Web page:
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I want to be remembered as a man who entertained millions through the technique of film.

—Alfred Hitchcock (1899-1980)

I continue to be shocked and amazed at myself for getting through the entirety of Hitchcock’s oeuvre in just over a month. Granted, I relied heavily on the fact that many of these films were not new to me, but still, it was more movie watching than I usually do in a whole year. Now that I’ve recovered somewhat, I thought I would post some final thoughts and recommendations.

For me, it was particularly interesting to see how my tastes have changed over the years, and what moved up and what moved down in my personal rankings.

I still love The 39 Steps, The Lady Vanishes, Rear Window, To Catch a Thief, and North by Northwest, but found some of the longer films such as Foreign Correspondent, Rebecca, and The Man Who Knew Too Much (1956) really dragged when viewed next to his faster paced movies. They are still great films and I would recommend them to any first-time viewer, but I don’t think they hold up to repeat viewing as well as I would have thought. Psycho, on the other hand, is so much more than the shower scene that I remembered.

Suspicion and Notorious certainly lost the romance I saw in them as a teenager (which, granted, makes me able to enjoy them on a whole other level), while I am now better able to appreciate the nuances of a film such as Lifeboat. More people should really see that one, along with Saboteur, Strangers on a Train, Dial “M” for Murder, and The Trouble with Harry, all of which I was happy to revisit.

Finally, I didn’t think there would be too much to interest me in the earlier pictures I hadn’t seen, but I enjoyed a number of the silents as well as Murder!, Secret Agent, and even Waltzes from Vienna. In fact, I have a new interest in silent pictures based on this project and would love suggestions for further viewing. I already know I want to check out Erich von Stroheim’s Greed, since I recently read McTeague and loved it. But I would especially love to know of any personal favorites you have beyond the classics.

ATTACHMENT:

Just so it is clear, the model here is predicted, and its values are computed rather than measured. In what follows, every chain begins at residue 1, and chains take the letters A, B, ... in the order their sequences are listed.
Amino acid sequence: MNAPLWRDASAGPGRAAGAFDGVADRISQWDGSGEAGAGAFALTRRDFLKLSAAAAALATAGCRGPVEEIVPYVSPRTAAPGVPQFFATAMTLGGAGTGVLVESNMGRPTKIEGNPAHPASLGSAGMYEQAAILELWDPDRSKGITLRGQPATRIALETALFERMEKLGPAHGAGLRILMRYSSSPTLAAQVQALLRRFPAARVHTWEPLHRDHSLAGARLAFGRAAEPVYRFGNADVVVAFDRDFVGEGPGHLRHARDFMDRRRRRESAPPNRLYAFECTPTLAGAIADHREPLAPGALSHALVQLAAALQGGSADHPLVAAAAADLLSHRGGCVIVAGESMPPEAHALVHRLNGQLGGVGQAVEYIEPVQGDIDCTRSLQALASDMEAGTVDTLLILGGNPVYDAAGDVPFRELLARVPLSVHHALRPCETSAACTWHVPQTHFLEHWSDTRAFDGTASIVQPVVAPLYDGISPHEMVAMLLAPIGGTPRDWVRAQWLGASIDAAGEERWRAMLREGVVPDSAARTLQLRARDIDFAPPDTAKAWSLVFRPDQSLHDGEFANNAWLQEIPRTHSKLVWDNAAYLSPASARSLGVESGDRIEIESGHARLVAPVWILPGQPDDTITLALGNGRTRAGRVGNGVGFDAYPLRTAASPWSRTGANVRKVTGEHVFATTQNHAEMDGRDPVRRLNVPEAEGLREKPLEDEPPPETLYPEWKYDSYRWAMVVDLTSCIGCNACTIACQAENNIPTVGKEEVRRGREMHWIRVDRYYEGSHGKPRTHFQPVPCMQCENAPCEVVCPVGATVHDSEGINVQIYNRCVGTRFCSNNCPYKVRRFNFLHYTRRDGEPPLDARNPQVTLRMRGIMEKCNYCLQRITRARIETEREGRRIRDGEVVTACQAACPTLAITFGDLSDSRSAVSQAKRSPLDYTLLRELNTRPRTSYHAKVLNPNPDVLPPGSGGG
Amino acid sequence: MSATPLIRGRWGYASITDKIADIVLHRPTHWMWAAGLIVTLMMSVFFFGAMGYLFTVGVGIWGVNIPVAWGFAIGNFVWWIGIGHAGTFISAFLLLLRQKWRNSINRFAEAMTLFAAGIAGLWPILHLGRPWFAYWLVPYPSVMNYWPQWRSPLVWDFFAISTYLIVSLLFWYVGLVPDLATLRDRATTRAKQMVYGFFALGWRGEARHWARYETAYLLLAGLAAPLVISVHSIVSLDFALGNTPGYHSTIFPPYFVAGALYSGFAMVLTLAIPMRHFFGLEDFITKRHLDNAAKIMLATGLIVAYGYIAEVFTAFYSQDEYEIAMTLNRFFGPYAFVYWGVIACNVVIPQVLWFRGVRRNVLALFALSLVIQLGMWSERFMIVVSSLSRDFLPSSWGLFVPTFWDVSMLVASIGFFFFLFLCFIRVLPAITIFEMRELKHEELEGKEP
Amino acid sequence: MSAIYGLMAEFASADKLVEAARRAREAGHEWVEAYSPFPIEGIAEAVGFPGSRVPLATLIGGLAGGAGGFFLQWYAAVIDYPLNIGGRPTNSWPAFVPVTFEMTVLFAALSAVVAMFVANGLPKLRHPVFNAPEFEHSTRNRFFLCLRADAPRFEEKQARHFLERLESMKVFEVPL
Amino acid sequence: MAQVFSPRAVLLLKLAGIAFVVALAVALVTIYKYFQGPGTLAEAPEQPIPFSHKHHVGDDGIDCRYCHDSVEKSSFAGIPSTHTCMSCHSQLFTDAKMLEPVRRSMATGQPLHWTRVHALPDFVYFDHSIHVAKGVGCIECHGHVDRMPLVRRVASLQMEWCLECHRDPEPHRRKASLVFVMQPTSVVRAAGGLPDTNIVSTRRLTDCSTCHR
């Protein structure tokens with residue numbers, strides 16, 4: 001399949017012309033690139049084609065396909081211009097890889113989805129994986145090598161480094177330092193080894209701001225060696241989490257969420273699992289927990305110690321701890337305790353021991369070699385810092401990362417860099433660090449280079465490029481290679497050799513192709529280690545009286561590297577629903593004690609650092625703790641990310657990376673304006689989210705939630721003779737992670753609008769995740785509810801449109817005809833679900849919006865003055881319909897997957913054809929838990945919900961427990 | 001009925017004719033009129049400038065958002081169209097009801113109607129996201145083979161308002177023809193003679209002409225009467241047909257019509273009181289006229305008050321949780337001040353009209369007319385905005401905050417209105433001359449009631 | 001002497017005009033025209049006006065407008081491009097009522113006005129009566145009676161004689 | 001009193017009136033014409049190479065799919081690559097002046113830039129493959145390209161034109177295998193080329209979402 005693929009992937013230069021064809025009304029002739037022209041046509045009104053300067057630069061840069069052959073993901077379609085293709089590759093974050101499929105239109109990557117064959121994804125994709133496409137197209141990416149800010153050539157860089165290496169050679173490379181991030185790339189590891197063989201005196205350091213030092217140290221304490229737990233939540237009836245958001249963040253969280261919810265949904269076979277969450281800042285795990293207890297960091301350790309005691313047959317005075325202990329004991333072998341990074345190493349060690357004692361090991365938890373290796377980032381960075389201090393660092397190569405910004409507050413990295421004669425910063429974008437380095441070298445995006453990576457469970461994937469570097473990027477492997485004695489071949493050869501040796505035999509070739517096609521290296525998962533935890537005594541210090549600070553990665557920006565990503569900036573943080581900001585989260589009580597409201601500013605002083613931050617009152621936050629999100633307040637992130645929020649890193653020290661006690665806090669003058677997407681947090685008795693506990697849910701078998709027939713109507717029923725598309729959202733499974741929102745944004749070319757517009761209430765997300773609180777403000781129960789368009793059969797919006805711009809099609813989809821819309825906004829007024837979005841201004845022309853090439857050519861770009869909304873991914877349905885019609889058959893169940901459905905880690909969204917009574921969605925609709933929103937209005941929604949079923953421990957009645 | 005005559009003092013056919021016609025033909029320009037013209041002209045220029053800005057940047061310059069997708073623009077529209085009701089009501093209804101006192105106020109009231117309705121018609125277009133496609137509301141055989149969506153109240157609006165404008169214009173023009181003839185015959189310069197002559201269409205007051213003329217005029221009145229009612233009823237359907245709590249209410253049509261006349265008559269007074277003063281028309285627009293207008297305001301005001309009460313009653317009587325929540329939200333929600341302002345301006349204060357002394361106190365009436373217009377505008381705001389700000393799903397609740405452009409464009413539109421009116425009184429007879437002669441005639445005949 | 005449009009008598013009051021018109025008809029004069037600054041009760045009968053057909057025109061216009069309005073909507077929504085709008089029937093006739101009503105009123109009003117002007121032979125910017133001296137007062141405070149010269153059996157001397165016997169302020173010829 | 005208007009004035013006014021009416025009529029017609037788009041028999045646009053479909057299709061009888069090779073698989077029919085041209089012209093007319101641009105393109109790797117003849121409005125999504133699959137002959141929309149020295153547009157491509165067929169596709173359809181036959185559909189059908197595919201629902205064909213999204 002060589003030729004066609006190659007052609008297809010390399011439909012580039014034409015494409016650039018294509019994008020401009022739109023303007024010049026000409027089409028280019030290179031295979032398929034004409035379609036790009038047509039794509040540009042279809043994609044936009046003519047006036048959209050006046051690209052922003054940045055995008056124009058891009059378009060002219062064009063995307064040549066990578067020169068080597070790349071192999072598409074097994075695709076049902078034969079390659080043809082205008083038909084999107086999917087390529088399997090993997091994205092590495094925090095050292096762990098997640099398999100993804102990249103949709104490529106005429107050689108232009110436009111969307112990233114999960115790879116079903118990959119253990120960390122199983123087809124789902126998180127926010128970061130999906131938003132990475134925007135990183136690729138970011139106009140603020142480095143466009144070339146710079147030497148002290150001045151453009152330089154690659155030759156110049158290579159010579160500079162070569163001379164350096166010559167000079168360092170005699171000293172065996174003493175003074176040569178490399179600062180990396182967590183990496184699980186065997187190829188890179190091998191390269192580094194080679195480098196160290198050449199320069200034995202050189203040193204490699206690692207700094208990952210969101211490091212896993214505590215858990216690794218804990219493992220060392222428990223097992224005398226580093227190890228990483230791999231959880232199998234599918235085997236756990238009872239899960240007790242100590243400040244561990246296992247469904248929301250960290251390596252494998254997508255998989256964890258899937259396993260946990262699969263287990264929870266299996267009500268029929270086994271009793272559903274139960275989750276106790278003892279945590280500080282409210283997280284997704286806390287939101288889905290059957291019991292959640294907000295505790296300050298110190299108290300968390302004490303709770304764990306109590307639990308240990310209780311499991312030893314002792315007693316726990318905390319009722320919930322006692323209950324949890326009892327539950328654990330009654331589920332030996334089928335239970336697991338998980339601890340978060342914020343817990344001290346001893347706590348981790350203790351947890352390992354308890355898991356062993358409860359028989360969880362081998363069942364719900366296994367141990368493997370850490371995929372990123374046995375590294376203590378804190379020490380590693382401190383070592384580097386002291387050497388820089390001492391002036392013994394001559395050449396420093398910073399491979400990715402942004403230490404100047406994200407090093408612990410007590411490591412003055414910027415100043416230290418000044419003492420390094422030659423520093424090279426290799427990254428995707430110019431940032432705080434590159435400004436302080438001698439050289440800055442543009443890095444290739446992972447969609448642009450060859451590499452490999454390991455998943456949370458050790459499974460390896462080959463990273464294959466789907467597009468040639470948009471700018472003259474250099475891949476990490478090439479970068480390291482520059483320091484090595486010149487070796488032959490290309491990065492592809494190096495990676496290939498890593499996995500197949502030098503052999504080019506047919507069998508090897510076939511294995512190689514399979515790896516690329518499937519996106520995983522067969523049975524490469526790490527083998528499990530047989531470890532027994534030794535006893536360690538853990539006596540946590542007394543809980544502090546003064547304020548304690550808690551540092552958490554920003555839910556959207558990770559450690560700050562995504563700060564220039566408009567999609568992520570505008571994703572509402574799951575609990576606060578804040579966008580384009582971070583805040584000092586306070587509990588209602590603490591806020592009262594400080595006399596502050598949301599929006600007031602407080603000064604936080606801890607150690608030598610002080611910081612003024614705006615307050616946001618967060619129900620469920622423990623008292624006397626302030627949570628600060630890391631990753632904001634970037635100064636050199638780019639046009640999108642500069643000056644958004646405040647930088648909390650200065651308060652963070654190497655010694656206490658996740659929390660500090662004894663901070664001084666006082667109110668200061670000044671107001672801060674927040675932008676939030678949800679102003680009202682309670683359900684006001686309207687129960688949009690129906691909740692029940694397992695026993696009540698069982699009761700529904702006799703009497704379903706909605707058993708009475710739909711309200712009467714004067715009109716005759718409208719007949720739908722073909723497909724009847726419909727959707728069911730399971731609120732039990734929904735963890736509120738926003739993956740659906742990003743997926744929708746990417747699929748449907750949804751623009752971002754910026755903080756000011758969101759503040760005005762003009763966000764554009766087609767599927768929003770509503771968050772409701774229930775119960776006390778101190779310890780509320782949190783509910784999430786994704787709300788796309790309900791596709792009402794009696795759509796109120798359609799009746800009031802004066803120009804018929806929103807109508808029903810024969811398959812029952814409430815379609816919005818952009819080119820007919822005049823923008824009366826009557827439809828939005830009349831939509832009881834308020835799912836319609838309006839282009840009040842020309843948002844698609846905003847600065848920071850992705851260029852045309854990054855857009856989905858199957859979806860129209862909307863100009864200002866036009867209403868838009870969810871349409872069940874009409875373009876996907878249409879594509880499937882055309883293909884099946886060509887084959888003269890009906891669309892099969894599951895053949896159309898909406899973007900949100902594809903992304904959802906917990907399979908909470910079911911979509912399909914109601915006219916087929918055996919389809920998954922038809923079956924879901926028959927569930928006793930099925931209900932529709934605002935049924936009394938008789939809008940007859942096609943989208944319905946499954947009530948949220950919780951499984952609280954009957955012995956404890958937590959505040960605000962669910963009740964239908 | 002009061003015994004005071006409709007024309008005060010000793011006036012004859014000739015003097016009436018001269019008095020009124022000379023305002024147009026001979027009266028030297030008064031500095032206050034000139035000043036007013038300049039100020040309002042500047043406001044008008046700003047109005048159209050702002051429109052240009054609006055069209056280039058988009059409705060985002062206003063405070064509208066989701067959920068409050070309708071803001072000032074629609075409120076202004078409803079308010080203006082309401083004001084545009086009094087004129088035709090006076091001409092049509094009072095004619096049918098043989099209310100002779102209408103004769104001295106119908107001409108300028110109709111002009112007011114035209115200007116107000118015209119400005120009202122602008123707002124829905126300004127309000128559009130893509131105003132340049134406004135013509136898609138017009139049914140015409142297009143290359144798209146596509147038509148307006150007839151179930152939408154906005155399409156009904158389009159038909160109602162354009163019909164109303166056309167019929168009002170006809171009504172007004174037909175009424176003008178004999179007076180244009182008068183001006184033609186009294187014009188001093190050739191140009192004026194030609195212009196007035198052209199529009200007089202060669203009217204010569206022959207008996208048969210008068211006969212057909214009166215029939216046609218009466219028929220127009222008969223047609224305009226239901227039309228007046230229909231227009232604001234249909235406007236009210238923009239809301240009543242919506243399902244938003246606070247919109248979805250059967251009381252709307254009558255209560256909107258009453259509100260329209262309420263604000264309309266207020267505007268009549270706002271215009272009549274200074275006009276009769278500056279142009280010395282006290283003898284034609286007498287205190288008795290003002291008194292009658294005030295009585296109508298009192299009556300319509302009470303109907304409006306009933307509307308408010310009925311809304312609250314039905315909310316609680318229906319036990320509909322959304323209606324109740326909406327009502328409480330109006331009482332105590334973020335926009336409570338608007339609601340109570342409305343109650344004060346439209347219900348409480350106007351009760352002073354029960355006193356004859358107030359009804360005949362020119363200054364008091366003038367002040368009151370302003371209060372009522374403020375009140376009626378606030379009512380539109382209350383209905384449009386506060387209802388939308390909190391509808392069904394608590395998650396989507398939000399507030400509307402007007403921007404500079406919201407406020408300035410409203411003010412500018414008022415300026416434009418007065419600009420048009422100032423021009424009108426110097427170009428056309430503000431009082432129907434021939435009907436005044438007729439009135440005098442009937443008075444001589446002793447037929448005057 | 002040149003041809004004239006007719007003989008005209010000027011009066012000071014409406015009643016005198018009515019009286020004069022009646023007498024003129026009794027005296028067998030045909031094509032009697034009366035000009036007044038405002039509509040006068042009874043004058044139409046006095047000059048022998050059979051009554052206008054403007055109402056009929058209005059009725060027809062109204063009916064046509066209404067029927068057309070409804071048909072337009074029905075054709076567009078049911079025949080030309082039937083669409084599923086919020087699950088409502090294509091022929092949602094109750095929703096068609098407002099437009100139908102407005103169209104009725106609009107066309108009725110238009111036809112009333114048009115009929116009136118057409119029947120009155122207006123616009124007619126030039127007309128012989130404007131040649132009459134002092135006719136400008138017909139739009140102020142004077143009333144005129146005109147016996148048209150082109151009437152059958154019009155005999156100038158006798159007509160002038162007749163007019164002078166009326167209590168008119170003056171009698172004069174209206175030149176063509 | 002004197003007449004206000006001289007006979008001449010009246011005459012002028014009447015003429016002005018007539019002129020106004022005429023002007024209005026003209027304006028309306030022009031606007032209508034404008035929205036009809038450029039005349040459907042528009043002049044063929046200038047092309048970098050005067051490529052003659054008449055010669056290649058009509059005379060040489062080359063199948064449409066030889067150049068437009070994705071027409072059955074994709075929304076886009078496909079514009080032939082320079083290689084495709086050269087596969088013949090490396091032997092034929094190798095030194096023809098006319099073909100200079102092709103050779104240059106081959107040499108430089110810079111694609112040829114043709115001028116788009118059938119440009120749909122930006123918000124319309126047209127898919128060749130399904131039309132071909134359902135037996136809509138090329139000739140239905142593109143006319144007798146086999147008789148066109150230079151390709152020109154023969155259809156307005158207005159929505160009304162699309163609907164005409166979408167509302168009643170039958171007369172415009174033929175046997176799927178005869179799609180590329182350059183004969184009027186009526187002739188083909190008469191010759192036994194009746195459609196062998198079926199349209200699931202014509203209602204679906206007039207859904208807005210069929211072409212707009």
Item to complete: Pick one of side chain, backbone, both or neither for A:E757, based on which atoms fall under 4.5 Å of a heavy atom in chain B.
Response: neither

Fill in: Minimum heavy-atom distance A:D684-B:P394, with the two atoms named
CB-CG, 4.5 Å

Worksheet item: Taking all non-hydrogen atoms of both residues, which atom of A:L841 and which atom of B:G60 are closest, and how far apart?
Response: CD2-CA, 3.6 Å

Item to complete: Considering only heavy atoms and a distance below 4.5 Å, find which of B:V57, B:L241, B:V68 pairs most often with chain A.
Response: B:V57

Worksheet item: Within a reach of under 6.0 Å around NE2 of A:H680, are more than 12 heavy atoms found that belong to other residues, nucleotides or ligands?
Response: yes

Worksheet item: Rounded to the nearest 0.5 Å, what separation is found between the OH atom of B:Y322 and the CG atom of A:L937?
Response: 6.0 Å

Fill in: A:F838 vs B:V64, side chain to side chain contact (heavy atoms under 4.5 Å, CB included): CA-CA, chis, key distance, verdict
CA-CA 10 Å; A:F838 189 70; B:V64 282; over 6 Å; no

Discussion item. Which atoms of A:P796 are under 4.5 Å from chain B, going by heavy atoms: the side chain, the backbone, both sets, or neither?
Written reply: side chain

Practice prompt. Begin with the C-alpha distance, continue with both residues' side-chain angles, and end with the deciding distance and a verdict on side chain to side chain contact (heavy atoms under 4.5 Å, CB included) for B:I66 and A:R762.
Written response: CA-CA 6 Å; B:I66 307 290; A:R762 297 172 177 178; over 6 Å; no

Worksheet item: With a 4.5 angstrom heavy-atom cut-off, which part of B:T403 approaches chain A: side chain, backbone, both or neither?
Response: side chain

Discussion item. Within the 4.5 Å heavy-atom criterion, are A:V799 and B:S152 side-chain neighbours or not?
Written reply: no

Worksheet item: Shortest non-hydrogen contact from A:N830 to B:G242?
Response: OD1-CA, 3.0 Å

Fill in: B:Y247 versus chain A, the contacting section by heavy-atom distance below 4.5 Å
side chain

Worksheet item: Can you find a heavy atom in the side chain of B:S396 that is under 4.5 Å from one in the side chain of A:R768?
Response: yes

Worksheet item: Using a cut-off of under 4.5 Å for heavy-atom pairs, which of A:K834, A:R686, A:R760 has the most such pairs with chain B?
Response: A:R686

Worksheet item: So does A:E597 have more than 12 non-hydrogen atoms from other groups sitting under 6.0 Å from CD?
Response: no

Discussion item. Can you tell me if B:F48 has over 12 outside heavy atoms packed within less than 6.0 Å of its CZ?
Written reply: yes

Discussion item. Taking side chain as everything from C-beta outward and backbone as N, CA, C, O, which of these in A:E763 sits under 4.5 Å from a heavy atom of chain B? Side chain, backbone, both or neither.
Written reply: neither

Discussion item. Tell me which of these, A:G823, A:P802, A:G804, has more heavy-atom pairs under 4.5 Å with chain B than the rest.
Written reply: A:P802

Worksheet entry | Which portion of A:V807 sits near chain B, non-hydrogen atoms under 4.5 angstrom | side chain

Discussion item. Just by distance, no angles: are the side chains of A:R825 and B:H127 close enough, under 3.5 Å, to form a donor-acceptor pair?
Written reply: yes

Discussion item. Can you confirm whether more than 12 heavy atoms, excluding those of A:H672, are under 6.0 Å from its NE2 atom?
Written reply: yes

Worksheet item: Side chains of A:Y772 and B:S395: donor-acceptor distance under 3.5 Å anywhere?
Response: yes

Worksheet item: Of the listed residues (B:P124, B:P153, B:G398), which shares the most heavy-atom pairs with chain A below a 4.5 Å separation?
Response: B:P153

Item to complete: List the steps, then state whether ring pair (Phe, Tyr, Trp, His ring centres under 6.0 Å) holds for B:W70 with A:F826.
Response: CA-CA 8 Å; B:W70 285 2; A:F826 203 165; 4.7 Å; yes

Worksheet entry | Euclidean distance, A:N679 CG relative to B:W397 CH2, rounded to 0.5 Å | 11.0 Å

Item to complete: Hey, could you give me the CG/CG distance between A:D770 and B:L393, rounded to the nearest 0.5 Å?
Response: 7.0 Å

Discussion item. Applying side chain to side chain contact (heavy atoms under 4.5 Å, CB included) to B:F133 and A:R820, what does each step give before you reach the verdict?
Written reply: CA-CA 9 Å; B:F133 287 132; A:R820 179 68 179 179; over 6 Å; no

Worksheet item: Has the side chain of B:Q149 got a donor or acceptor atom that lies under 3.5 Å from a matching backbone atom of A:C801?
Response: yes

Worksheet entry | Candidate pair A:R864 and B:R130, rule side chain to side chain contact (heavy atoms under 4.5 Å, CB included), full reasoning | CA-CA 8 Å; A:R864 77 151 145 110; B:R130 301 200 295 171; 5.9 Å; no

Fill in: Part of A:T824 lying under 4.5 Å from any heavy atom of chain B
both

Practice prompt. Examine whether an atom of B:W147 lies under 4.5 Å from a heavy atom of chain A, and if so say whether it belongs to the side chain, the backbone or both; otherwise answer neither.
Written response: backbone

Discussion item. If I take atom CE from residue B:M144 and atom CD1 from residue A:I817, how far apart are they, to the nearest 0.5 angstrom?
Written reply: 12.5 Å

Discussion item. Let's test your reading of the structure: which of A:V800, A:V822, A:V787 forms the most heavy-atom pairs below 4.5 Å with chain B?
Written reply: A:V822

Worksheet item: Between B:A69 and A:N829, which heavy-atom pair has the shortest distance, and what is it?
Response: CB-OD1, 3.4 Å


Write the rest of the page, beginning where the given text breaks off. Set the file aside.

It’s hard to go wrong with Hitchcock, but, if you want to explore his work and don’t know where to start, pick a list below that matches your interests.

Hitchcock 2.Lodger 0

The Top Ten to Watch
The Lodger: A Story of the London Fog (1927)
The 39 Steps (1935)
The Lady Vanishes (1938)
Rebecca (1940)
Notorious (1946)
Strangers on a Train (1951)
Rear Window (1954)
Vertigo (1958)
North by Northwest (1959)
Psycho (1960)

Top Five Adaptations (Read it, then watch it!)
The Birds, from the short story “The Birds” by Daphne du Maurier
Rebecca, from Rebecca by Daphne du Maurier
Sabotage, from The Secret Agent by Joseph Conrad
The 39 Steps, from The Thirty-Nine Steps by John Buchan
Young and Innocent, from A Shilling for Candles by Josephine Tey

Top Five Murder Scenes
Strangers on a Train (1951)
Psycho (1960)
Torn Curtain (1966)
Topaz (1969)
Frenzy (1972)